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    John Robertson Architects revitalised Academy House in London. Picture: Tom Donald

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    John Robertson Architects revitalised Academy House in London. Picture: Tom Donald

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    John Robertson Architects revitalised Academy House in London. Picture: Tom Donald

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    John Robertson Architects revitalised Academy House in London. Picture: Tom Donald

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    Picture: Ennead Architects

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    Picture: Ennead Architects

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    Picture: Ennead Architects

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    Picture: Ennead Architects

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    Picture: Ennead Architects

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    Picture: Ennead Architects

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    Picture: MUS Architects

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    Picture: MUS Architects

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    Picture: MUS Architects

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    Picture: MUS Architects

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    Picture: MUS Architects

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2019's most read commercial stories

Nav Pal
23 Dec 2019

The Rolling Stones, Yangtze River and black and white themes all proved popular in 2019, making it onto the top commercial stories of the year

Former Rolling Stones and The Who club site transformed

Academy House – a 1980s building on London’s busy Oxford Street – has been transformed by John Robertson Architects (JRA) into an office and retail space. The site’s long and rich history includes its use as a 1930s art house cinema, which was later run as the Marquee Club, the venue where The Rolling Stones and The Who made their debuts. 

JRA introduced a semi-industrial aesthetic across the office floors, retaining the exposed concrete frame in a raw state.  With a gross internal floor area of approximately 5,300 sqm, Academy House provides four floors of retail, four floors of office space and a timber-decked terrace which wraps around the perimeter of the building, offering stunning views across central London.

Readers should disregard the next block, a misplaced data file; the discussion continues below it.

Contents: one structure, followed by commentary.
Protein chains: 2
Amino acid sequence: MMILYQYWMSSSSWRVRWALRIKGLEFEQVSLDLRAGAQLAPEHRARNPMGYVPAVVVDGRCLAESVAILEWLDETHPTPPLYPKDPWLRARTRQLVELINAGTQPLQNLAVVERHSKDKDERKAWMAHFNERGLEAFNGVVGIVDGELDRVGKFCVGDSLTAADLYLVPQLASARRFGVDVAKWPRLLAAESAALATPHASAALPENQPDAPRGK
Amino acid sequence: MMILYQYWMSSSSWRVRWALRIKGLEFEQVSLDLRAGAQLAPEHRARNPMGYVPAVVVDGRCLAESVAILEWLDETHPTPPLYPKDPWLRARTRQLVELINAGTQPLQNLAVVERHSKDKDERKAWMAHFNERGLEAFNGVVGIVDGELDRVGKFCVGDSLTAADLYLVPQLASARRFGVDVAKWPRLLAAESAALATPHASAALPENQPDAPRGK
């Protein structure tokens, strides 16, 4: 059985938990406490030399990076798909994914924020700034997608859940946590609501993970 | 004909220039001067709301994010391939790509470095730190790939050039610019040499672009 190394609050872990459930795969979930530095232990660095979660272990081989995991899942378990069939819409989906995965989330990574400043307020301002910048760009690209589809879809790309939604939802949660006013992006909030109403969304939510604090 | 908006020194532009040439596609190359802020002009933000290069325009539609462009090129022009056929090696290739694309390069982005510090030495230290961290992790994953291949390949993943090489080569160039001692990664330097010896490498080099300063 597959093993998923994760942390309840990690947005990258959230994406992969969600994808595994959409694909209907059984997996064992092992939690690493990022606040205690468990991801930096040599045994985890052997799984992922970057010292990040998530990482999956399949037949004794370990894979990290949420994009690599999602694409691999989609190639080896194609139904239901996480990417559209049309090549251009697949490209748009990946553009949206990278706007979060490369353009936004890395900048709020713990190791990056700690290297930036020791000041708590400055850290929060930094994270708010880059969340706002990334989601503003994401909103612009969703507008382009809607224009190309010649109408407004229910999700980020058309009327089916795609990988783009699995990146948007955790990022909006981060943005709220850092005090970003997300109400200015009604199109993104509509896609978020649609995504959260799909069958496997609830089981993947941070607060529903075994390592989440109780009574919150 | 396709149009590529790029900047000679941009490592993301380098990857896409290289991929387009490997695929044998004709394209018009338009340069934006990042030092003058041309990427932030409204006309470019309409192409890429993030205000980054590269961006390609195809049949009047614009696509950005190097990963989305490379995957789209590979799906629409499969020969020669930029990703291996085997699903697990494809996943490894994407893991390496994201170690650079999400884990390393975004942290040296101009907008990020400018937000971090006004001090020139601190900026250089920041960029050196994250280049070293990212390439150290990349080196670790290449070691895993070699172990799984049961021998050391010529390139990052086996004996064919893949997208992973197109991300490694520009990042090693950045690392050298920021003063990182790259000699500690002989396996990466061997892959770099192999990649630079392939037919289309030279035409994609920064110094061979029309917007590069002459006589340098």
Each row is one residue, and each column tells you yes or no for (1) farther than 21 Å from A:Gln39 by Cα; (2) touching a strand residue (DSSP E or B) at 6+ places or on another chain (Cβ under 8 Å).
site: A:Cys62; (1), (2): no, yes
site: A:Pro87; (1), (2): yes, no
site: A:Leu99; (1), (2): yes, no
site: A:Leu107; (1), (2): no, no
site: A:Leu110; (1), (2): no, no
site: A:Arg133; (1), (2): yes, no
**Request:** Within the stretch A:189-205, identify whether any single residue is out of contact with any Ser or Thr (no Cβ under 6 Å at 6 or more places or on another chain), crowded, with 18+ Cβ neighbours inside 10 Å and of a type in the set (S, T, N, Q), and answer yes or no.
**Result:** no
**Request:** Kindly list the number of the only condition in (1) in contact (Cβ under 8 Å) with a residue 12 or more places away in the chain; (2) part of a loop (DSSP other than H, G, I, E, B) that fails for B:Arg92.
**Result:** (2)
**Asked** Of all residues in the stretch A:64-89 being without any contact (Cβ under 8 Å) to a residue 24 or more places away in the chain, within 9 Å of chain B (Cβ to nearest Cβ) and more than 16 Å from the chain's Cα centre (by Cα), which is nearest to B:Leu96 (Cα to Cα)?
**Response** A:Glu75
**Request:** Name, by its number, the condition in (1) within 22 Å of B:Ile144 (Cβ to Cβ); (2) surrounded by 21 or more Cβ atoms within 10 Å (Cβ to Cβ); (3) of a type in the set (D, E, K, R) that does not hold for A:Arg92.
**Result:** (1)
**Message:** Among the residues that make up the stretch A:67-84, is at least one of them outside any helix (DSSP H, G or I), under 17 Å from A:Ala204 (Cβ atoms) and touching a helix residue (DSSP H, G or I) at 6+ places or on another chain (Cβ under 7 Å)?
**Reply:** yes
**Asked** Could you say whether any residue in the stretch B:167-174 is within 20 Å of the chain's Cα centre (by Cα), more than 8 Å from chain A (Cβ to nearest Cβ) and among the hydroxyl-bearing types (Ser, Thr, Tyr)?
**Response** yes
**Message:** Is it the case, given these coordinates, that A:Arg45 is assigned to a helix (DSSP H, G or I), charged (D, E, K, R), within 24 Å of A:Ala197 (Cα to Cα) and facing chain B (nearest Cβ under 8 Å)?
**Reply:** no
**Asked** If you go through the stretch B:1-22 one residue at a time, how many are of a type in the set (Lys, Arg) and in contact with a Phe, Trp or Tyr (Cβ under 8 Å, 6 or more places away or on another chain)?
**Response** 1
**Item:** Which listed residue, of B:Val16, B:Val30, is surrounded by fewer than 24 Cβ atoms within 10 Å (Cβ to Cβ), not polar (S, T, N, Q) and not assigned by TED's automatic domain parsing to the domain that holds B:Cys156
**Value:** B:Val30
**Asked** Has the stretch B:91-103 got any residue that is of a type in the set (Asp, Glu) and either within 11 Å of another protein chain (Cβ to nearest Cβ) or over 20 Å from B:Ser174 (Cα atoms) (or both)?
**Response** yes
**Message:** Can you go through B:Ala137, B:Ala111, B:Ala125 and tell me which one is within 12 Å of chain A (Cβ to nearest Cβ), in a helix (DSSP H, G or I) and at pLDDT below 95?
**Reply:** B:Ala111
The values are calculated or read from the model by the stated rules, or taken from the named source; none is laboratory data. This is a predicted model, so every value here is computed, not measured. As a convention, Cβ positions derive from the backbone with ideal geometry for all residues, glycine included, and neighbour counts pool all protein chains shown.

Yangtze River nature plans unveiled

Ennead Architects won a major design competition to create the Shanghai Yangtze River Estuary Chinese Sturgeon Nature Preserve.

The proposed design features dramatic forms that rise in undulating, fluid gestures taking cues from the rippling surface of the river and the iconic landscape of the upper Yangtze.

Built forms evoke biomorphic anatomy and a vessel-like ark, with gently curving wooden structural ribs radiating around a central spine that joins three building wings into a unified expression. Clad in translucent PTFE, the lightweight enclosure system envelops the interior pools to create a luminous, daylight-maximizing interior.

Led by design partner Thomas Wong, in partnership with landscape designer Andropogon, the project tries to rescue endangered species and restore biodiversity to a habitat beset by pollution.

MUS thinks in black and white

Metal and glass clad the box for Pivexin Technology and house an office, areas for social facilities, a warehouse and land development around buildings including parking and greenery. 

Office and warehouse had to be complementary and interconnected, so designers merged the structure of both buildings to create a coherent "organism". Total area of the building in Nedza, Poland, is 3,800sqm. The outer skin of the building is black and the elevation is largely glazed with vertical pilasters and horizontal cornices accentuating the building.

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